About the secret of her success

Lyniv is convinced: the secret is… to work a lot. And learn. According to the conductor, it is necessary to learn throughout your entire life, you have to develop without stops.

“You can’t allow yourself to stop. Therefore, only a constant movement forward. There can’t be such a moment when you say: “I have already done everything, I’ve become a professional conductor.” You always have to move, to learn, to improve. The higher the level of the orchestra, the greater the chances for the conductor’s development. A strong orchestra is capable of mastering a very complex repertoire that can’t do the other orchestras.”

“Development happens when we receive more and more intellectual and spiritual load each time. A new work, a new score are a closed book every time, some kind of cipher that needs to be understood. You have to comprehend the philosophy of the work: why the composer has written this piece, what he wanted to tell, what his motivation was. We have to understand these ourselves then we construct a model of the sound of that work, its interpretation, its drama…”

About the perception of success

Nowadays the Ukrainian admits: when almost nobody knows you, it’s very difficult to start. However, even when it seems nobody needs you, it may always turn out that you’ve been watched all the time.

“When I signed a contract with Graz, the intendant told me that she had been interested in me already in 2009 when I was a student at the Dresden Music Academy. For all this time she was watching me. Back then it seemed to me that nobody needed me. However, it turned out that a lot of people were watching me.

Oksana has her own definition of success. She says that this is far from status or some financial situation. This is an opportunity for creativity.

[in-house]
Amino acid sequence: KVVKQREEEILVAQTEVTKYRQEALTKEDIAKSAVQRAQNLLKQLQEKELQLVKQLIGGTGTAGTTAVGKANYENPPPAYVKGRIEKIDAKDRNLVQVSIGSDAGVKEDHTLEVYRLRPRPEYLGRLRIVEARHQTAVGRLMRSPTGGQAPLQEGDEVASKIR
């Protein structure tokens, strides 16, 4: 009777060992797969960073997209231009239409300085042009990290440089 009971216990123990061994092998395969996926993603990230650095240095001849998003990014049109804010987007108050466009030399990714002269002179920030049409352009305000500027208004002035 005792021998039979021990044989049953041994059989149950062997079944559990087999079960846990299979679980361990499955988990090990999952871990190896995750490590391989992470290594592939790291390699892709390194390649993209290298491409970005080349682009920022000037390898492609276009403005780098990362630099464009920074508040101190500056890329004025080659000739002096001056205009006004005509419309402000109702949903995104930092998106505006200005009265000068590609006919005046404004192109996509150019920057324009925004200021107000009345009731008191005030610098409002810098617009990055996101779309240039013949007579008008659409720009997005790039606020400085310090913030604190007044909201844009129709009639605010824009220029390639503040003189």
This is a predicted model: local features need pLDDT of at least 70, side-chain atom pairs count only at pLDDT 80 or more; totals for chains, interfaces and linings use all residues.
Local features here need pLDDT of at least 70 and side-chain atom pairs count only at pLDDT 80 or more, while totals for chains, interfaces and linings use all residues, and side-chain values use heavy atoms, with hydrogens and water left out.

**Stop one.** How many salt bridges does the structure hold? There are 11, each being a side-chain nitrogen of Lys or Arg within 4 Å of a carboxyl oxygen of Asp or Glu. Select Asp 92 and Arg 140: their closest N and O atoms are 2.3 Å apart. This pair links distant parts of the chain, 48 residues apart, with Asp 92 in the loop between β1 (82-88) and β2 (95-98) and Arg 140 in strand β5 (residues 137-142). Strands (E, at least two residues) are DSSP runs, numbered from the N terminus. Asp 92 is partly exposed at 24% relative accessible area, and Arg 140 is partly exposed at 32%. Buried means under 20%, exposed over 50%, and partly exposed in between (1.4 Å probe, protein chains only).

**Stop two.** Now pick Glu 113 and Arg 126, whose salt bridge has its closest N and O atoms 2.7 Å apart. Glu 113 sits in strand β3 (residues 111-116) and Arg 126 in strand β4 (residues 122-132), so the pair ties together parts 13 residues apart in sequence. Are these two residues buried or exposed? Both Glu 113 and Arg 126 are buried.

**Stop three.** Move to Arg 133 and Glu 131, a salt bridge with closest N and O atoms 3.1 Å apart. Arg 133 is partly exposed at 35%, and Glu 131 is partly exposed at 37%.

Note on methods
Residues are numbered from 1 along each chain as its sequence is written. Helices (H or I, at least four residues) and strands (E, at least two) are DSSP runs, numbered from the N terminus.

When the agent called me and said that Metropolitan Opera is interested in me and that I’m I already on the list of lead debutant-conductors, then I’d realized that there is no chance for an average result. All this happens no matter how tired you are, whether you have a jet lag or you’re in another state – nobody is interested in anything. You’re constantly under the microscope and in the spotlight of the entire world. So there can’t be another option: you always have to work at your top“.

About gender stereotypes

In this regard, the profession of the conductor is very indicative: as soon as the stereotype of the “man’s job” breaks down, a lot of people have a repulsion to it. However, Oksana is convinced: it is impossible to say that Ukraine is losing to Europe in the gender issue.

“The situation is better now, and many female conductors are in the group. If we compare the situation with Germany, then in percentage terms we have more female conductors. There are more than one hundred orchestras and a philharmonics there, and there’s less than 2% of female conductors.”